Lone Justice
This World Is Not My Home


Much has happened in the world of country music in the 12 years since Lone Justice released their final album and the arrival of this new compilation of hits, demos, and live tracks. Garth Brooks, Lyle Lovett, k d lang, Dwight Yoakam, the reemergence of Johnny Cash, Merle Haggard, and Emmylou Harris, and alt.country acts like Uncle Tupelo/Wilco/Son Volt, Lucinda Williams, and Steve Earle were all either just starting out or several years away 12-15 years ago when Lone Justice emerged from the LA club scene. Featuring a firebrand of a singer who displayed a power and emotional depth far beyond her age of 21 years, the band dared to play music heavily influenced by country and gospel in the wake of the new wave explosion. Producing only two albums and never obtaining that big hit, the band's legacy will always be associated with lost potential.

Almost half of "This World Is Not My Home" features unreleased tracks the band recorded prior to their self-titled 1985 debut. Hard-core fans will be beside themselves to hear these early recordings by the group's original members playing in the shout and stomp style of that first record. Some of these tunes, especially "The Train" featuring vocals from guitarist Ryan Hedgecock, highlight the similarities the band had with X, another 1-woman 3-man quartet from LA that played high energy roots music. There is also a shared band member; guitarist Tony Gilkyson who toured with Lone Justice before replacing Billy Zoom in X. He appears on this collection on a live recording of the Velvet Underground's "Sweet Jane", which also features U2's Bono on vocals.

The appeal of Lone Justice was twofold; the fresh sound of country music played with the fervor and honesty of DIY punk, and the sweet but powerful vocals of Maria McKee. Those two elements are evident in abundance on those early tracks. "Rattlesnake Mama", "Working Man Blues", and "Cottonbelt" are barn burners that display a raw edge usually not found in the material that made it to record. Even stronger are the gospel flavored title track featuring a lovely intro from Maria, and the already mentioned X-like "The Train" with it's locomotive rhythm. Amidst all this high octane C&W, "Go Away Little Boy" is a bit of an oddity. It features Bob Dylan as songwriter and rhythm guitarist, Ron Wood on lead guitar, and Benmont Tench of the Heartbreakers on keyboards (he was practically a fifth member of the band on that first record). Despite the assembled talent, the band performs in a rather lackluster manner exhibiting none of the energy found on the other tracks. Only McKee's vocals sound impressive. The true gem of these "new" tracks is the opener, "Drugstore Cowboy". The two step rhythm is a touch slower and the arrangement is a bit more polished than the other tracks, which gives Maria a chance to really shine with her singing. It's a wonderful blend of singer and band, passion and restraint, country and rock.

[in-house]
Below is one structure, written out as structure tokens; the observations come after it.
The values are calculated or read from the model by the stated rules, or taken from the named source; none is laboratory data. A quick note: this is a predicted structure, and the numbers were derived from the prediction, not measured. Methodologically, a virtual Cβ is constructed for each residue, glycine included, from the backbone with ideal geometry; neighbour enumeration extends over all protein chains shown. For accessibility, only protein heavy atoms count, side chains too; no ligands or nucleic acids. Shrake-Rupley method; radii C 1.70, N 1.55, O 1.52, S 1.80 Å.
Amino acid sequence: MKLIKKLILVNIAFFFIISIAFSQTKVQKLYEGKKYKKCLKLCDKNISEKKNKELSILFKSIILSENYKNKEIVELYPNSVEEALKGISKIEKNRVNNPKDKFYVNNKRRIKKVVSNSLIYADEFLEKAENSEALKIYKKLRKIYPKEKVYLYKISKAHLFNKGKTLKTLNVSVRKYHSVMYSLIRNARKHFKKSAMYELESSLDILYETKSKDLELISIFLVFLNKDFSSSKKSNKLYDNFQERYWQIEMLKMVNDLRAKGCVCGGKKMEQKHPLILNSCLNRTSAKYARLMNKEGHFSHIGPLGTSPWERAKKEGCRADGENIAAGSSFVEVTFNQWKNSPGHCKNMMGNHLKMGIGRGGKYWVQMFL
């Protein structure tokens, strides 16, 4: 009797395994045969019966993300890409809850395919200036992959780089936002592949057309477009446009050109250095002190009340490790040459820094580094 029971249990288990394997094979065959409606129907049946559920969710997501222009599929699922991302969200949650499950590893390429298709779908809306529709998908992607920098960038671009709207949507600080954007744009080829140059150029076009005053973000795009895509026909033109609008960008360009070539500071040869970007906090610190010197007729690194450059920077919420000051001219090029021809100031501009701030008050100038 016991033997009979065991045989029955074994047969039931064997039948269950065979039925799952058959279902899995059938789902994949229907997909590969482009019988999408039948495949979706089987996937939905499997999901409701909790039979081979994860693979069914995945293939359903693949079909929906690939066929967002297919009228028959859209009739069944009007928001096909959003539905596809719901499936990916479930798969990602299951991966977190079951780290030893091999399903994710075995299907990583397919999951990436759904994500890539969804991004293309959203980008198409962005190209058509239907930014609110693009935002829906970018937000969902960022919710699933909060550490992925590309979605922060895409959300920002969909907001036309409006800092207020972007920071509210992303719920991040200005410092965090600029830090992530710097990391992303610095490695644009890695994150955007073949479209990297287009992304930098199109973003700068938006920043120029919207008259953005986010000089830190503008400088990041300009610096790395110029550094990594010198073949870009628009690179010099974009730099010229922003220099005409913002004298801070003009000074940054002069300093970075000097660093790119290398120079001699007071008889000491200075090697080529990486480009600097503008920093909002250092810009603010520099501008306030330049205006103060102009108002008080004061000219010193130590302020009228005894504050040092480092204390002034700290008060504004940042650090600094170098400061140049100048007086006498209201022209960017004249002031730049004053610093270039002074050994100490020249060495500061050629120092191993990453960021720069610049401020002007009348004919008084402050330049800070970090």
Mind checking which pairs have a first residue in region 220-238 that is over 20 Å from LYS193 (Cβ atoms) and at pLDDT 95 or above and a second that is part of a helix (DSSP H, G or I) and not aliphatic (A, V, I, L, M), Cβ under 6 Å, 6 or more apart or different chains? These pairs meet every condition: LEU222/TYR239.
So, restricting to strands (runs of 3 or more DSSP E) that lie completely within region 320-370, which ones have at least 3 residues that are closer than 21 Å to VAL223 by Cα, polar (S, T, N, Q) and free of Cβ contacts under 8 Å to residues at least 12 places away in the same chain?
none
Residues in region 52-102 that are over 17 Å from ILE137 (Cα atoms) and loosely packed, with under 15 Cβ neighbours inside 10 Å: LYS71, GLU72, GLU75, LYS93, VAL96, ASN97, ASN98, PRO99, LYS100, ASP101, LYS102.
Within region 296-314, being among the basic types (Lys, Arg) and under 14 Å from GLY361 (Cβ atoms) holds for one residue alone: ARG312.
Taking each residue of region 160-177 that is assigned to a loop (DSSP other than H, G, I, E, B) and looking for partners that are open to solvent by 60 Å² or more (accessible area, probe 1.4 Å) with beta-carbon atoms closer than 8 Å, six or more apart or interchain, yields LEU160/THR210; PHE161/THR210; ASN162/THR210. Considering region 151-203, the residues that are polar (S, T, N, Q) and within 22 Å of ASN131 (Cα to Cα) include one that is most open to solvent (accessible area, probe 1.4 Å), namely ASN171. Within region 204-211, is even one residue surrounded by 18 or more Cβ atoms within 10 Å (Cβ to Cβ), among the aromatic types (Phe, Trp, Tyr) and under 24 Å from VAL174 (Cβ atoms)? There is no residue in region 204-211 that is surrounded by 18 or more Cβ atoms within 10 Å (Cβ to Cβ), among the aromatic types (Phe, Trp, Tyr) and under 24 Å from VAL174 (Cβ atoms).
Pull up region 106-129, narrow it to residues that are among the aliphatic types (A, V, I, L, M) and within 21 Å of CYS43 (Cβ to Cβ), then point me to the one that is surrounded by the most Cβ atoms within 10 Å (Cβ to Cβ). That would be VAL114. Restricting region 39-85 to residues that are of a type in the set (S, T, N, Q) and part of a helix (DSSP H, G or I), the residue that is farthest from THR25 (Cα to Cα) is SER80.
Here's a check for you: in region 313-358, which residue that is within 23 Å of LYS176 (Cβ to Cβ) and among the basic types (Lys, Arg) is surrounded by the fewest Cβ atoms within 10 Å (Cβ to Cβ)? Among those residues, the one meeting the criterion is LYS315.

The rest of the CD contains previously released material and a few live cuts. Seeing Lone Justice live was always a rather sublime experience, but these recordings cannot convey the same feeling. "Sweet, Sweet Baby" is near disastrous, and "Sweet Jane" has the unwelcome presence of Bono. Only "Wheels" with it's emotional vocals sometimes reduced to barely a whisper, comes close to capturing something of the experience. The tracks taken from the two studio albums are all very strong and demonstrate a wide range of styles from country ballad ("Don't Toss Us Away') to soft rock ("Shelter") to bar band country rock ("Ways to Be Wicked"). Some of these songs, as good as they are, in the context of this collection come off sounding rather tame, almost MOR, which is too bad. The music Lone Justice created was a radical departure from the rock and country music scenes of the day. Maria McKee has released some very good music throughout her solo career ("You Gotta Sin To Be Saved" was practically a Lone Justice reunion), but nothing has recaptured the fresh and exciting sounds of that first record. "This World Is Not My Home" serves as a good introduction to the band's music, but more importantly it brings back some of the excitement of those days.

Doug Leonard

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